The world’s largest population of giant tortoises thrives on a cluster of East African islands in the Indian Ocean. The tortoises on Aldabra Atoll in the Seychelles sit at the top of the food chain, an unusual feat for an herbivore.
A continent away, waters lap the banks of Kunta Kinteh Island in the Gambia River, a historical outpost for the West African slave trade that later housed a fort to stop slave ships. The island serves as a reminder of both the practice and abolishment of slavery.
Both Aldabra Atoll and Kunta Kinteh Island are UNESCO World Heritage sites, and both are at increasing risk of extreme coastal flooding from sea level rise. By 2100, 37% of Aldabra Atoll and 46% of Kunta Kinteh Island will be exposed to extreme flooding and erosion if no policy is enacted to stop emissions, according to new research.
These two sites aren’t alone. Twenty percent of World Heritage sites in Africa are vulnerable to rising seas today. And by 2050, that percentage will more than triple if emissions aren’t curtailed. The projection comes from an international team of scientists who mapped nearly 300 heritage sites along Africa’s coast. The scientists published their results in Nature Climate Change.
The latest finding is another example of countries that contribute little to climate change suffering disproportionately from its consequences. African countries were responsible for less than 4% of global carbon dioxide emissions in 2020. The average person in Nigeria or Mali is responsible for the same amount of carbon dioxide emissions each year as an Australian or American is in just over 2 days. Yet sea level rise will make flooding and coastal erosion worse at treasured cultural and natural sites along the continent’s 300,000-kilometer coastline.
Nigerian climate activist Oladosu Adenike told Carbon Brief that lost heritage could mean “erasing our story.”
“In Africa, our natural and cultural heritage defines us—it tells our story and can trace our history. Once it is lost, it can neither be replaced nor restored.”
“Outstanding Universal Value”
Heritage sites are recognized as having “outstanding universal value” and represent significant sites for culture, history, and science. Kunta Kinteh Island, for instance, is “an important but painful memory for many African countries,” said Nick Simpson, a climate scientist at the University of Cape Town in South Africa and a coauthor of the new research. There are more than a thousand World Heritage sites globally, and the latest analysis includes both official sites and those pending approval.
The study finds that rising sea level endangers both natural sites, like South Africa’s iSimangaliso wetlands (home to leopards, hippopotamuses, and elephants), and cultural sites, such as the ruins of the ancient trading post of Tipasa, Algeria, and Egypt’s grand sea fortress, the Citadel of Qaitbay.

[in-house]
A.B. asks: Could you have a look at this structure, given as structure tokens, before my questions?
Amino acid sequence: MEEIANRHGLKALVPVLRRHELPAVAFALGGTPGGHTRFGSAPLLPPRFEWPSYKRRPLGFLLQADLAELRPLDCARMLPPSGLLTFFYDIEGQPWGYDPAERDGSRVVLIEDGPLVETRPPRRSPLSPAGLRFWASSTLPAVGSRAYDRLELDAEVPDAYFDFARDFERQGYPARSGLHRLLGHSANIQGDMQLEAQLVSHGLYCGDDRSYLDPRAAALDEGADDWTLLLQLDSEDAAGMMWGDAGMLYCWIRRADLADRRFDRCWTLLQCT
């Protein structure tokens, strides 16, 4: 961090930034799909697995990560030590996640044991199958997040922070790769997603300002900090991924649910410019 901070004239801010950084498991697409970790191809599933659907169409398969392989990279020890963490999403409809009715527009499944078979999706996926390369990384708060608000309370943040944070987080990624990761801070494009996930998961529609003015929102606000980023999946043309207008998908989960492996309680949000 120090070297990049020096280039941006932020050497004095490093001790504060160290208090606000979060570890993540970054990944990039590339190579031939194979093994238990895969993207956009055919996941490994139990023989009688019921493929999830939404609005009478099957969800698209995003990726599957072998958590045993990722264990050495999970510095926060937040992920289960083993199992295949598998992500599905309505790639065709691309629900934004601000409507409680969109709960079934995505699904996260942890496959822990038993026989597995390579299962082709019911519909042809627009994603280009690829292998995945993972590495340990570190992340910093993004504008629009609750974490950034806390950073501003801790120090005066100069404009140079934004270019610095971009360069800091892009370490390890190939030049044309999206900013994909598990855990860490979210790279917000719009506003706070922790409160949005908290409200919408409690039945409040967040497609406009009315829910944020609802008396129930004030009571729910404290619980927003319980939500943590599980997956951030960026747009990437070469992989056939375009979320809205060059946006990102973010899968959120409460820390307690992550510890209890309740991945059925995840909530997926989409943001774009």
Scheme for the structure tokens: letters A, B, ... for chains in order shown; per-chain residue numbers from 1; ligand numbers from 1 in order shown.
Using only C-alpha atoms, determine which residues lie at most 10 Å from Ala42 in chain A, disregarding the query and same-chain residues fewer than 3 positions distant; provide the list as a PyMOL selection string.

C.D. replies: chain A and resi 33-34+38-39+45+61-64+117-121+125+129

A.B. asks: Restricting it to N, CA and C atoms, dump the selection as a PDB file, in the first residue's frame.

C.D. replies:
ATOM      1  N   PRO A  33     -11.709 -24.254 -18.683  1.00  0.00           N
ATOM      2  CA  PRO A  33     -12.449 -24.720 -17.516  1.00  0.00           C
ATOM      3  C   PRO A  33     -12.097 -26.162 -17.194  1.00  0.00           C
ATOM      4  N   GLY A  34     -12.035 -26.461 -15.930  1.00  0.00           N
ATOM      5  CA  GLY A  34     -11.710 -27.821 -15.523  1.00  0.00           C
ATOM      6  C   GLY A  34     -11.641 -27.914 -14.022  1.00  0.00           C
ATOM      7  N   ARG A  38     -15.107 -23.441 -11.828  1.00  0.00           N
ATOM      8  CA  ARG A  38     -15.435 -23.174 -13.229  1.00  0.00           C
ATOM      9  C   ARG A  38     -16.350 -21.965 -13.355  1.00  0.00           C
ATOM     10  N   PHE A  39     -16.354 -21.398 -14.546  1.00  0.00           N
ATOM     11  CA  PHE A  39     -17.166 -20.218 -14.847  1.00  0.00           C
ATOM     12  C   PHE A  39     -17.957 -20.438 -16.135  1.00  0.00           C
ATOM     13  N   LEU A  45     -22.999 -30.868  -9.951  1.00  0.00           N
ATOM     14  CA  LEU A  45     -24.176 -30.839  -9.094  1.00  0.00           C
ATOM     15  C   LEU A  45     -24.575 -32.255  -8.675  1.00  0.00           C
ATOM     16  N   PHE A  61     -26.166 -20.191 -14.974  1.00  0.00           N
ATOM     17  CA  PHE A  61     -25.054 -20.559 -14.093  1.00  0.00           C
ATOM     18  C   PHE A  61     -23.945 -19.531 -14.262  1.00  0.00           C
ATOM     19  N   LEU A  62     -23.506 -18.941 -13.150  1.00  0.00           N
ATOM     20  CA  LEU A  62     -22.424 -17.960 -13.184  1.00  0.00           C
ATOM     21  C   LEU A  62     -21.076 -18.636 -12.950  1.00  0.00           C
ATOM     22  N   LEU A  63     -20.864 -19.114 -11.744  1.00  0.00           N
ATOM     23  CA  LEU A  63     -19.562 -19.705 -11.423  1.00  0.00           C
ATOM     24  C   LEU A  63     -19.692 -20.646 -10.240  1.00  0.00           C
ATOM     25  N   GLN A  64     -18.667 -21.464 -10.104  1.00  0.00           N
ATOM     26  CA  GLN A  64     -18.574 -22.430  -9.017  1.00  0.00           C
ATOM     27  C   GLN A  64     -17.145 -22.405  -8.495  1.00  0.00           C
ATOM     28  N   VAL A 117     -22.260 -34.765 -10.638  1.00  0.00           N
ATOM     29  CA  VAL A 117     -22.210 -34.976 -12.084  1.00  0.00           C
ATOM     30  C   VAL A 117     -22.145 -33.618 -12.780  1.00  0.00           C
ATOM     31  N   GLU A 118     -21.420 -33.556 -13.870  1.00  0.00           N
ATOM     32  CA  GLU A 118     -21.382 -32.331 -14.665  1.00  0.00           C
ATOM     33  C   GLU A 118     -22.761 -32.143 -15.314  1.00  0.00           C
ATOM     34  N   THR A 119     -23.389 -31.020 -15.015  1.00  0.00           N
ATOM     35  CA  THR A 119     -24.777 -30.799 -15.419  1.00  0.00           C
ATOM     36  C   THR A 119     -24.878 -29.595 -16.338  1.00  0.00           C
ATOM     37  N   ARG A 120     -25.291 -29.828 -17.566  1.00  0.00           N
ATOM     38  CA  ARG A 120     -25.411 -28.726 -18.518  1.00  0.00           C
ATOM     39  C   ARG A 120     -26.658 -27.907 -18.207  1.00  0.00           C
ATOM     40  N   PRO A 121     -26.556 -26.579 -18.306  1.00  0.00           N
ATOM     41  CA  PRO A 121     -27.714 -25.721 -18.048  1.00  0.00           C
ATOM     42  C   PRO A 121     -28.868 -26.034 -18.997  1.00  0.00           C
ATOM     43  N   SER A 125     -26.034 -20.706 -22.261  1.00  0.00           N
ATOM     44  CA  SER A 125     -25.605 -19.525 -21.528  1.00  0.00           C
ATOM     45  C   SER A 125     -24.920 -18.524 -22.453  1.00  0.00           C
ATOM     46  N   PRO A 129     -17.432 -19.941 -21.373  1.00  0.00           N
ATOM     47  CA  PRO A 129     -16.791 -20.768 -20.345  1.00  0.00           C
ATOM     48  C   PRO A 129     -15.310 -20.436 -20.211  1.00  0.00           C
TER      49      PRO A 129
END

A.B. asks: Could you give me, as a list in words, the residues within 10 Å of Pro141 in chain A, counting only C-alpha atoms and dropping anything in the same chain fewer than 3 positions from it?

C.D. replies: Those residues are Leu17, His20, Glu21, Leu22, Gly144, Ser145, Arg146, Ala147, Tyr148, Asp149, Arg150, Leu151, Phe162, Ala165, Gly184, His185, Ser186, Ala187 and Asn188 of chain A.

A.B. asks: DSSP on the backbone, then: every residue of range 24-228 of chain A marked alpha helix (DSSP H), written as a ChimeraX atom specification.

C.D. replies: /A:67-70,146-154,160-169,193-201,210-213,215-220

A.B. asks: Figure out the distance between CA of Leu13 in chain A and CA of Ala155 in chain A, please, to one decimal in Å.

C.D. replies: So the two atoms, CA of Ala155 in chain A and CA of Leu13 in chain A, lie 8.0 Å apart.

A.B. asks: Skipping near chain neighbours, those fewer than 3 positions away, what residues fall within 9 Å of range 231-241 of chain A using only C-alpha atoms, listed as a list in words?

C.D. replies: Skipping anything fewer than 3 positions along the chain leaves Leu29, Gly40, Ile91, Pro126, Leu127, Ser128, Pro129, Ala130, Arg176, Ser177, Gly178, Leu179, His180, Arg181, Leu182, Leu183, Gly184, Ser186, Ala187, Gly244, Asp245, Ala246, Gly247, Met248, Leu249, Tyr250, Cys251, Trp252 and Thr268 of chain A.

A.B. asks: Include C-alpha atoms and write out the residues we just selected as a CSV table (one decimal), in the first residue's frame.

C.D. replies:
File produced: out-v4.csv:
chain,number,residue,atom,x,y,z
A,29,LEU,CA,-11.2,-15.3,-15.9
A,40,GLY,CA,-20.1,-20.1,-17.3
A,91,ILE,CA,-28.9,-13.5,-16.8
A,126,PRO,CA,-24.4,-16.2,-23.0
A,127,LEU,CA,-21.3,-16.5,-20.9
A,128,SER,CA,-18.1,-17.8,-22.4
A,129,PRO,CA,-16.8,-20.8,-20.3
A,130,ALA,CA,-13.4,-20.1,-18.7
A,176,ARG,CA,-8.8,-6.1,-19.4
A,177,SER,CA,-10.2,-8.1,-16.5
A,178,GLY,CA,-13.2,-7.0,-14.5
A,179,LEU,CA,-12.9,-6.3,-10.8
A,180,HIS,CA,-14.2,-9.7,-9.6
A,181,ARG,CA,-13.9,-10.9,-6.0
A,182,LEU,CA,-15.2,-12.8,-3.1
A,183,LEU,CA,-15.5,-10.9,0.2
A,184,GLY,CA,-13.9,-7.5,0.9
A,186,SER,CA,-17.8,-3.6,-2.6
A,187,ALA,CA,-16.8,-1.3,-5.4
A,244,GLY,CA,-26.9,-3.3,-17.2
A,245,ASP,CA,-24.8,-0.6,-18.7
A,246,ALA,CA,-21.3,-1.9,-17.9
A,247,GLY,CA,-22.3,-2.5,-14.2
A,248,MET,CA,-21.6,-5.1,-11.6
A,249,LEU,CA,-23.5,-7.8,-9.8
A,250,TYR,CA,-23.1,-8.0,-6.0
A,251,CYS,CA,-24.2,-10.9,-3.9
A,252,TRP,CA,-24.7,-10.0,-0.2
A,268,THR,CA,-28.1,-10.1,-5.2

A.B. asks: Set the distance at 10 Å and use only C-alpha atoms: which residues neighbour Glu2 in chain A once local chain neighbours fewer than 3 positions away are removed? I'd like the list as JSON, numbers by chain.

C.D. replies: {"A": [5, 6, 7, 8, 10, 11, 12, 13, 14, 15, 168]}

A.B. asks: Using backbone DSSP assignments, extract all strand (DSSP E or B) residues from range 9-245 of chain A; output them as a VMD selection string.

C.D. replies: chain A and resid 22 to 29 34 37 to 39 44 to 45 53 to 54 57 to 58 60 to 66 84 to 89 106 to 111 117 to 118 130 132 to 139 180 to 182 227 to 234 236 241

The study focuses on extreme events that happen infrequently but are bolstered by higher sea levels. “What was a 1-in-100 year [flood] event in 2010, which is our baseline, will shift significantly with every decade moving forward,” said Simpson.
Eight African countries will be particularly affected: Cameroon, Republic of the Congo, Djibouti, Libya, Mauritania, Mozambique, Namibia, and Western Sahara.
“Every single one of their heritage sites will have some measure of exposure to extreme sea levels,” said Simpson. The study considered global warming scenarios that represent moderate emissions that peak at 2040 before declining, called RCP (Representative Concentration Pathway) 4.5, and high emissions that continue without policy intervention, called RCP 8.5. In both cases, all sites in the eight countries will be endangered.
Mozambique is the most exposed country by area, with 5,600 kilometers of coastline threatened by 2050 under a moderate-emissions scenario.
Natural heritage sites contain the most land, and by 2100 under moderate emissions, sea level will jeopardize a cumulative area of 15,000 square kilometers, roughly the size of Connecticut.
The study is “of particular interest to the African scientific and policy community for effective long-term planning solutions,” said Grégoire Abessolo Ondoa of the University of Douala in Cameroon. Ondoa served as a reviewer on the published paper.
Rethinking Climate Change and Heritage
Climate change compromises other World Heritage sites, including Australia’s Great Barrier Reef, Mexico’s Monarch Butterfly Biosphere Reserve, and Spain’s Garajonay National Park. Climate change is the biggest danger to sites in general, according to a 2020 World Heritage Report. In the Mediterranean, 37 of 49 low-lying coastal cultural sites are at risk from sea level rise, according to a Nature Communications paper from 2018.
Marcy Rockman, an archaeologist and member of the social welfare group Co-Equal, said that the new study shows how climate change adaptation and mitigation are connected with heritage, hazards, and our relationship to place.
Geophysics instrument scientist Errol Wiles at the South African Institute for Aquatic Biodiversity, who reviewed the paper, criticized the research.
“Considering the rise in sea level as purely anthropogenic is not appropriate,” he said. Comparing the effects of human-caused sea level rise with “natural” sea level rise would strengthen the work, Wiles explained.
“I agree that heritage sites are already at risk under current conditions, as shown in our baseline simulations of 2010,” said water and climate risk scientist Lena Reimann at Vrije Universiteit Amsterdam, who participated in the study. “Not considering sea level rise, we find 56 sites (20% of heritage sites) to be at risk from a 100-year coastal extreme event.”
—Jenessa Duncombe (@jrdscience), Staff Writer